We seem to have forgotten the disastrous effect of plastic bags during the pandemic. They are everywhere on the frontlines, from food packaging to disposable gloves. International Plastic Bag Free Day 2020 today is another reminder that single-use plastic is bad… for the environment, the economy and the future.
International Plastic Bag Free Day 2020
Pralhad Joshi, Minister of Parliamentary Affairs in the Central Cabinet (with additional portfolios of Mines and Coal) today urged citizens to “use cloth and jute bags and spread the word about the harmful effects of plastic” on Twitter.
Meanwhile, PC Mohan, BJP member and Member of the Standing Committee on Urban Development, tweeted about eco-friendly alternatives to plastic bags.
Role model state Sikkim
Plastic bag bans are popular with the central and state governments, yet they have performed poorly. However, there is one state that is winning the war for a plastic-bag-free existence. We are talking about Sikkim. Rome wasn’t built in a day, nor did Sikkim free itself of the scourge of plastic waste in a year. The tiny Northeast Indian state has been fighting the good fight for more than two decades. It banned disposable plastic bags in 1998. Sikkim officially banned plastic bottles in government departments and state programmes in 2016. Out went selling and using disposable cutlery and containers and items made from polystyrene foam for everyone. It all started because of a small village that went by the name Yuksom.
The inspiring story of Yuksom village
Yuksom was the instigator in the anti-plastic movement within Sikkim. It stands adjacent to a protected region, Khangchendzonga National Park. The ecologically rich area was being heavily compromised with plastic pollution. The villagers were so fed up with the degradation of their beloved national park, they took matters into their own hands.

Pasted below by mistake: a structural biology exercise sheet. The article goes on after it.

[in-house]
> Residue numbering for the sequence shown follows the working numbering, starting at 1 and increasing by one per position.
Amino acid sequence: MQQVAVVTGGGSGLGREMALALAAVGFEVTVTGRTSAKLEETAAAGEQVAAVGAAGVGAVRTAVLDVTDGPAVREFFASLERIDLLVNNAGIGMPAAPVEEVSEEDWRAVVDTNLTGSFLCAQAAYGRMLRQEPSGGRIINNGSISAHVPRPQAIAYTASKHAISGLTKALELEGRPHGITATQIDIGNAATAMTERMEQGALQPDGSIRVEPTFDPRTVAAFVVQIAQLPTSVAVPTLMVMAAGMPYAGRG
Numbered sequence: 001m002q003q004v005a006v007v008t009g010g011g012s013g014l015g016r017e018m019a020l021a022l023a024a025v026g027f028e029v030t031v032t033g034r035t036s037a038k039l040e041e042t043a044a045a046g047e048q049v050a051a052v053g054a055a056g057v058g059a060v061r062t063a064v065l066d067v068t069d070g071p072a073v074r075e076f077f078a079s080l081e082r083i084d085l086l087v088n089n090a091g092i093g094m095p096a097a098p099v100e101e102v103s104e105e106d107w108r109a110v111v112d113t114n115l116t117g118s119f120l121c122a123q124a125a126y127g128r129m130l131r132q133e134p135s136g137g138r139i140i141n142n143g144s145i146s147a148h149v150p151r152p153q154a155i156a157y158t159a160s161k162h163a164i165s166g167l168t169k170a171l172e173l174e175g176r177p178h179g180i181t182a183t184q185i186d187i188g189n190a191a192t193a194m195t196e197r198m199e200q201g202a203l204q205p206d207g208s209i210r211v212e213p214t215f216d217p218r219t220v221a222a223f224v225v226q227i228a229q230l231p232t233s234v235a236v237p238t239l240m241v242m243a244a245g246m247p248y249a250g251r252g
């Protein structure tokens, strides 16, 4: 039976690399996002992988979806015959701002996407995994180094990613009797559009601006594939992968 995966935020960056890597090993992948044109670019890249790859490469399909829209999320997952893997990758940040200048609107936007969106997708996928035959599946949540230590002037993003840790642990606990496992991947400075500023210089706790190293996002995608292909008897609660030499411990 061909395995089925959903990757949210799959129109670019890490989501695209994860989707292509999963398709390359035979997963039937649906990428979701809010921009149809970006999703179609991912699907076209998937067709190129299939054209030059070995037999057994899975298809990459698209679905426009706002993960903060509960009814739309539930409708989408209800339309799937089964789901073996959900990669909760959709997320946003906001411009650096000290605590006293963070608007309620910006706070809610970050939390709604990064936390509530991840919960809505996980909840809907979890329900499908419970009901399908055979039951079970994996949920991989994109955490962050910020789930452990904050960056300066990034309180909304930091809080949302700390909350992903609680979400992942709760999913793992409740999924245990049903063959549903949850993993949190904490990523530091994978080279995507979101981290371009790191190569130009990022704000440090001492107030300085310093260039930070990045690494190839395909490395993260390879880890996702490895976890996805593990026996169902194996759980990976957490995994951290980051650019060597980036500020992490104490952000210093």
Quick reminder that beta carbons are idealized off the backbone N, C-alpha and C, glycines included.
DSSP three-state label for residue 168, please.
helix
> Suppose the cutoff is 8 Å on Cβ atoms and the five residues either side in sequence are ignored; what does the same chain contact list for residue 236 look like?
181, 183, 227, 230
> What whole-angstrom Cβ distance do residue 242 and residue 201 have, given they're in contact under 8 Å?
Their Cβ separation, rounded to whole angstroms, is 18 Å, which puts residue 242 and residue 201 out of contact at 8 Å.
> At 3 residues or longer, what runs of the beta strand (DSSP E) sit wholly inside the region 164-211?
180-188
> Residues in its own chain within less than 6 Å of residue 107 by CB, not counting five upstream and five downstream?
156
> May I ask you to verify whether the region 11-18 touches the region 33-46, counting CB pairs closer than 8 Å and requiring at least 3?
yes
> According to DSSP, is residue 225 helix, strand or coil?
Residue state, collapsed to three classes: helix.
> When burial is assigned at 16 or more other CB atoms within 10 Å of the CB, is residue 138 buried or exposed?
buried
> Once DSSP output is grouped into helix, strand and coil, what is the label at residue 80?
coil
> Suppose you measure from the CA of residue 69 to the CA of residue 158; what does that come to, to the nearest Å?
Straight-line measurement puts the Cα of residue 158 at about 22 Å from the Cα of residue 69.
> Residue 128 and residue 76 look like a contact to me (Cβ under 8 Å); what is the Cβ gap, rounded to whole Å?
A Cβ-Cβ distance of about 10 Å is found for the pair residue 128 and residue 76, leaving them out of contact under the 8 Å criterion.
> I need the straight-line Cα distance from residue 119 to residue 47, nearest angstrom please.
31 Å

The villagers of Yuksom formed the Khangchendzonga Conservation Committee (KCC). The KCC began collecting plastic waste from the forest. The committee enforced strict rules for travel and tour operators concerning non-bio-degradable waste products. Yuksom became the first village in India to ban plastic bags and bottles back in 1996. In another two years, the Sikkim government followed suit with a state-wide ban through legislation passed on June 4, 1998. Offenders were fined up to INR 20,000.
Nonprofit organisation Ecoexists has been attacking single-use plastic bags for a decade there. Another nonprofit, ECOSS is working with WWF and the government’s Swachh Bharat Abhiyaan on the Zero Waste Himalaya project. For the uninitiated, the Himalayan region is cluttered with garbage thanks to campers.
The people of Sikkim themselves are deeply in touch with nature. Sikkim is the first Indian state to become 100% organic. All the food produced there is pesticide-free. Noise and air pollution are taken seriously there. The state banned firecrackers in 2014. Sikkim is also the first state in our nation to ban ODC (open defecation). Toilets at home are mandatory if the residents want to apply for any government schemes or stand for village-level elections. This strategy has ensured the success of Clean India must before Swachh Bharat was conceptualised by the Modi government.
NGOs Toxics Link and eCoexist conducted studies to understand the effectiveness of Sikkim’s green policies in 2014 and then in 2018. Although some amount of plastic bags are still sold there, Sikkim fares well in its anti-plastic stance. 66% of shop owners use paper bags or newspapers for packaging.
What Sikkim can teach India
The green policies of Sikkim could be replicated on scale. State governments could break the enforcement of the plastic ban into smaller constituencies. People’s collectives need to come forward to point out violators. Tourists could be checked for plastic bags at customs. Corporate offices and gated communities could use advanced security systems to pinpoint offenders. It sounds harsh but it can be done for a #plasticfreeIndia. International Plastic Bag Free Day is a good place to start.